Nimetz says Athens and Skopje have leaderships that ‘genuinely want a solution’

The UN Secretary-General’s personal envoy Matthew Nimetz said on Wednesday he is hopeful that negotiations between Greece and the Former Yugoslav Republic of Macedonia (FYROM) over the latter’s name is gaining new momentum after a meeting with the representatives of the two countries in New York to discuss the decades-old dispute.

Nimetz is holding a new round of talks at the United Nations headquarters from Jan. 17-19 in an attempt to break the impasse of the past 27 years.

Speaking to journalists after the meeting with FYROM’s Ambassador to the United States, Vasko Naumovski, and Greece’s negotiator Adamantios Vassilakis, Nimetz said the two sides will take his proposals back to their respective countries to study them.

“I really believe we have leadership in both Athens and Skopje that genuinely want a solution. I mean they don’t just say they want a solution, I think they believe it’s in the national interest of both countries to solve this problem,” he said.

“We discussed the general issue that we have been discussing for some time and I gave a set of ideas based on what the parties have been talking about recently as maybe a helpful framework for the parties to consider as we go forward. I went through it at the meeting. Obviously, the two sides, having just received it didn’t have any real comments, and they’re taking it back to their capitals. I am very hopeful that this process is moving in a positive direction,” he explained.

Nimetz acknowledged this is a “tough issue” over which there are a lot of strong feelings in both countries, but noted that there’s also a will to reach a settlement.

“There’s a good attitude, both ambassadors are seasoned diplomats and have perceptive comments to make, so I’m hopeful that my suggestions will lead them and their governments to think creatively for a solution,” he said.

The U.S. diplomat also urged the leaders of opposition parties in the respective countries to “take a constructive attitude” on the talks, saying they are very important participants in the political life of both countries. “This is an important regional issue, important for the security of the region and from the point of view of the Secretary-General it is very important to reach a conclusion,” he explained.

Nimetz confirmed that a new set of ideas were tabled today, but refused to go into details.

“There’s a set of proposals, of ideas. I’m not going to comment on what’s in them. I gave them to both parties and they have to take them back to their governments and consider it and study it and see if it’s helpful,” he said.

“My ideas as a whole are new because it’s a new combination of ideas. When you talk about an issue in a dispute for 25 years it is very unlikely that you will come up with something completely new. However, I think the situation in the region is somewhat different, the participants are different, so I view this as a good set of ideas; a compromise and a package that both sides should feel comfortable with that will lead to a dignified and satisfactory solution.”

In the next phase, the UN official said the two governments have invited him to their respective capitals to talk about these ideas. The visits are expected to be held in the next few weeks and will provide a sense of whether talks are moving forward. They will be followed by intensive meetings, possibly at a higher level.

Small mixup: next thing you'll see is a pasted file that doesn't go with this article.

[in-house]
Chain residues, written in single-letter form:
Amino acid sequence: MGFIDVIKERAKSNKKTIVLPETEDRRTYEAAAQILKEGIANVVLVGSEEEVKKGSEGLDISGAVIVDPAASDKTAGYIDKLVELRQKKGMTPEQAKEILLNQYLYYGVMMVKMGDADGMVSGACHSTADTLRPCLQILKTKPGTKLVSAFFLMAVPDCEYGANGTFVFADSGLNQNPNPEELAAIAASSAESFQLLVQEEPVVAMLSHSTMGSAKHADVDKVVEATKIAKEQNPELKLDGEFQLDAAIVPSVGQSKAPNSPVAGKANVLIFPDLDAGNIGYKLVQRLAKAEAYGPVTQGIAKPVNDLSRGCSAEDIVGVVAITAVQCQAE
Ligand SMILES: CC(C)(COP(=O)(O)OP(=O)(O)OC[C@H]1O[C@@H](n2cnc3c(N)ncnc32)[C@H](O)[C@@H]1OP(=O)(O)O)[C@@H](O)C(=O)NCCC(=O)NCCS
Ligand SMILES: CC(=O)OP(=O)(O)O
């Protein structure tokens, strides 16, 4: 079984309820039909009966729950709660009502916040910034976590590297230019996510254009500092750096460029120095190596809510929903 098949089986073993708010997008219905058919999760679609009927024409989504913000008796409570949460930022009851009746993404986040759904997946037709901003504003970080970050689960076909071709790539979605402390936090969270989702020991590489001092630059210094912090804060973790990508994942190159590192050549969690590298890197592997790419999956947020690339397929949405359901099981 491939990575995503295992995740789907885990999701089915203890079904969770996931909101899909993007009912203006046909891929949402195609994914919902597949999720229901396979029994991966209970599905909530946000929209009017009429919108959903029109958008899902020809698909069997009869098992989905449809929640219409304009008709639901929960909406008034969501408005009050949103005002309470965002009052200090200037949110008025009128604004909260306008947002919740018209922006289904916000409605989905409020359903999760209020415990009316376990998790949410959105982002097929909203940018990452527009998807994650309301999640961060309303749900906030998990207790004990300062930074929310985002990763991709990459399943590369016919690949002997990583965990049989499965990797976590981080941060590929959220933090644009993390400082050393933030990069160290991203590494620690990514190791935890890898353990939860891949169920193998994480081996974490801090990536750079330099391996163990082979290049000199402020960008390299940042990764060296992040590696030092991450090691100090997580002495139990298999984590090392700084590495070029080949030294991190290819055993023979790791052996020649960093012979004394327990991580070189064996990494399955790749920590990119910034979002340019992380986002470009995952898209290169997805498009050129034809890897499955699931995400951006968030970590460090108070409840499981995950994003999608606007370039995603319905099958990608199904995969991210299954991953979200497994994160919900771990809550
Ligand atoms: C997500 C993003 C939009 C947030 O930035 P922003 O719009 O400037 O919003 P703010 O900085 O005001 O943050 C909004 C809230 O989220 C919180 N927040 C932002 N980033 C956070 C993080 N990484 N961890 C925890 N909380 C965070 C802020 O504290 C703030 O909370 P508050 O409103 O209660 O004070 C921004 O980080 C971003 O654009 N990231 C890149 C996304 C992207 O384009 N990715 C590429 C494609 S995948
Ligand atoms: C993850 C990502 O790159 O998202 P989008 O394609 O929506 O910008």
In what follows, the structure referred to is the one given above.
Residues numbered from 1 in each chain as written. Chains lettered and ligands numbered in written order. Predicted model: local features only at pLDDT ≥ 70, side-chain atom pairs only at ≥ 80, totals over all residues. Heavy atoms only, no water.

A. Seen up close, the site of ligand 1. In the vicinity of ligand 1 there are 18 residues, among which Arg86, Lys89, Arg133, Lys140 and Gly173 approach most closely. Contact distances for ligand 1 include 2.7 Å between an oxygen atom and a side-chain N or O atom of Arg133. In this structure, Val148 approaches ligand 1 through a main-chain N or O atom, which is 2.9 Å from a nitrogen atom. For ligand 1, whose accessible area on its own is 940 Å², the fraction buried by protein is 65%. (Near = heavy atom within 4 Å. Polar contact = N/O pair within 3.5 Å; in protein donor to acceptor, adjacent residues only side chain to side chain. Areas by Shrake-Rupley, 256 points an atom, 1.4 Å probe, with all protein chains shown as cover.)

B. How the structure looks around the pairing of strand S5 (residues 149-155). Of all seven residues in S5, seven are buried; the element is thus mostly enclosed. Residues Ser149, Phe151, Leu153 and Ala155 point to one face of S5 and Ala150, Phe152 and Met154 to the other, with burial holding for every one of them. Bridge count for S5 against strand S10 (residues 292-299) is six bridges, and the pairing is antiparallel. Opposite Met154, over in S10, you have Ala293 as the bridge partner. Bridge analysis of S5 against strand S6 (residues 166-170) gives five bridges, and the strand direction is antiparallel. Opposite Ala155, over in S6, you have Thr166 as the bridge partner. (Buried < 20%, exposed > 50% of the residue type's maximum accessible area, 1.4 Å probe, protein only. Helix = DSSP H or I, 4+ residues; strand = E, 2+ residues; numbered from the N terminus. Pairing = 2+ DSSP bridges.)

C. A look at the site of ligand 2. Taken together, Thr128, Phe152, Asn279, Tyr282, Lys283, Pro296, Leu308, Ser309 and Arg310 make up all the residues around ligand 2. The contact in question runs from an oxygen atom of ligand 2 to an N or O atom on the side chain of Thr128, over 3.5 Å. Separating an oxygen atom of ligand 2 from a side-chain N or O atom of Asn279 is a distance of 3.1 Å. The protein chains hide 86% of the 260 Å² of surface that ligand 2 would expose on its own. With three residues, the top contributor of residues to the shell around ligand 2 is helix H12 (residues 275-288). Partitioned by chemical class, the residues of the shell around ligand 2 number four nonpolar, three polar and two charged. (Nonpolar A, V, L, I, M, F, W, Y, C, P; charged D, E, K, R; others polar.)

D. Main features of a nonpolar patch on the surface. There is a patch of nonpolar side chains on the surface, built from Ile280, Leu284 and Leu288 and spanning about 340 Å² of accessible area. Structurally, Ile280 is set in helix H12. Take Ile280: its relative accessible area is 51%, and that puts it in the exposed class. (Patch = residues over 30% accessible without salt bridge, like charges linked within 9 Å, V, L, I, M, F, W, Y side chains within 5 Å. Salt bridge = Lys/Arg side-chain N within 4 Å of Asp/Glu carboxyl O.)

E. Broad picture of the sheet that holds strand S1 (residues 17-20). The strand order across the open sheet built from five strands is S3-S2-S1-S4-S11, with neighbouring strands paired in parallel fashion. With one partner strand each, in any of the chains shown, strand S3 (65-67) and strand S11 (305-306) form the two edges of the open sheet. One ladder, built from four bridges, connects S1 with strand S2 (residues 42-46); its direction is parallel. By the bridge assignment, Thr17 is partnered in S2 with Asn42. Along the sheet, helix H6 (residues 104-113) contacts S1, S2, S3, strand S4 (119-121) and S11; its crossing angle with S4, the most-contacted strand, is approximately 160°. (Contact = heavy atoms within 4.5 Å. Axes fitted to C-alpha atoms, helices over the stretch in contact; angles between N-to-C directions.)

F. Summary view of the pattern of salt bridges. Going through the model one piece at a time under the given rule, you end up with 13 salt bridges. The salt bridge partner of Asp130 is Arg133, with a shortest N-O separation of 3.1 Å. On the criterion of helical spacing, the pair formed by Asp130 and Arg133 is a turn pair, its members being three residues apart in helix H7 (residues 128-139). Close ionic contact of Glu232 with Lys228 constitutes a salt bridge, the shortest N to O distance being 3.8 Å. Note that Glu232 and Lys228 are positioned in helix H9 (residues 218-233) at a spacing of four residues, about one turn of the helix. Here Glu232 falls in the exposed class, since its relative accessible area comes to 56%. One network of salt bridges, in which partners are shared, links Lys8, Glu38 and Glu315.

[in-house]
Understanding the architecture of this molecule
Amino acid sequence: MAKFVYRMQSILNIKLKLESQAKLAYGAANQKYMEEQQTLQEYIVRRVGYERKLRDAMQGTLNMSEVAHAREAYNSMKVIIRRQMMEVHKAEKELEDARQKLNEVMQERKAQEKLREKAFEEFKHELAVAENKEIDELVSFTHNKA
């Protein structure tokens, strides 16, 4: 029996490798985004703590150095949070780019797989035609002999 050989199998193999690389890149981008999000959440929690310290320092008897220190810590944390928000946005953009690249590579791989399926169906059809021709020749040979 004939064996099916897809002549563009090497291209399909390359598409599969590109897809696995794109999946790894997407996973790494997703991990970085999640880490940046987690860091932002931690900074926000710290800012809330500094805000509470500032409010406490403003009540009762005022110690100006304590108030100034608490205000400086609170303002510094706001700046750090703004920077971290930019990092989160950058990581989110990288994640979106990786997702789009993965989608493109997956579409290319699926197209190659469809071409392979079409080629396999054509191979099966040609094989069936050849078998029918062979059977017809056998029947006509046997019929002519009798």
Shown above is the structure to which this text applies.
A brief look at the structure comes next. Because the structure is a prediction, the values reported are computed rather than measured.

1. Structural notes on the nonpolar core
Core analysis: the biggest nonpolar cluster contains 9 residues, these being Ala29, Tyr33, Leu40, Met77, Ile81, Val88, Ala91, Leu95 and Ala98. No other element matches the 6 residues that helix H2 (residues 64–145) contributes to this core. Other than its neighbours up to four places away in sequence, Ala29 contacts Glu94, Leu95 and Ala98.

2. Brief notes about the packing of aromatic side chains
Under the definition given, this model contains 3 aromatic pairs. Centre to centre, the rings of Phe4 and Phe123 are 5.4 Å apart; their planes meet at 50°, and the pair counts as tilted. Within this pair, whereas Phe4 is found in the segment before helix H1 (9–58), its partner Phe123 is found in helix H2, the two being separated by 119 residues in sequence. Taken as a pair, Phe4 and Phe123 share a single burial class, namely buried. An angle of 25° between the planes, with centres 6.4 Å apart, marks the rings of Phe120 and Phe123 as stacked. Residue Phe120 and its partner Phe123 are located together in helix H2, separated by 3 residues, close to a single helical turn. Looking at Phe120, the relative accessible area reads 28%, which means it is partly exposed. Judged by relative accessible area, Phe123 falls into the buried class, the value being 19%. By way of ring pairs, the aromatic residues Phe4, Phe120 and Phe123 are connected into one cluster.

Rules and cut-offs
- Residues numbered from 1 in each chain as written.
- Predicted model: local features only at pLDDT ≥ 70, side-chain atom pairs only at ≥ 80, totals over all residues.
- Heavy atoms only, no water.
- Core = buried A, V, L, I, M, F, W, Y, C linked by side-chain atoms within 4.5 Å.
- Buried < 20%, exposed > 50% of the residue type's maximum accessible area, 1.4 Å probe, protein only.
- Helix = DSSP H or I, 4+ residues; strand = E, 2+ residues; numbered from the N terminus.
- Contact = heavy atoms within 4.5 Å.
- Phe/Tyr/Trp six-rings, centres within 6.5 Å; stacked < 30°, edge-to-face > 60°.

“This group stands ready to meet again. I think the next one or two months will be a good period in which we should know whether we can make some serious progress or not,” he said.

Resolving the impasse with FYROM’s name will be good for Greece, FYROM and the region, Nimetz said, noting both countries also have national interests and they want to pursue them, noting it is “their responsibility and they have to make some very tough choices”.

He said he believed the people of the region are ready to solve this problem, the international community really wants it solved, there are some very objective reasons why this should be solved. Asked if a solution could be found in the next six months, he said “Yes”.

Commenting on reports that demonstrations are planned in northern Greece to protest the name of the term “Macedonia”, the U.S. envoy said people have the right to make their views known, but added that both countries will have to compromise.

“The political life in both countries is very vigorous and democratic. I’ve watched Greek politics for many years and I think people express their views, this is their right […] There are people in both countries that have a very negative attitude. What their solution is in practical terms is never clear to me. Should it continue for another 25 years? Is that going to be helpful to the young people in the area? But each country is a democracy and they will work it out in their way. If they don’t want an agreement there won’t be an agreement,” he said.

Responding to media criticism that he may not be objective, he said he tries to present solutions that will work in both countries.

“I think I’m objective and I try to find possibilities that have some sense of realism to it […] I don’t propose names that I think are not within the realm of realism. I don’t think that makes me unobjective. I try to find solutions that will work in both countries,” he said.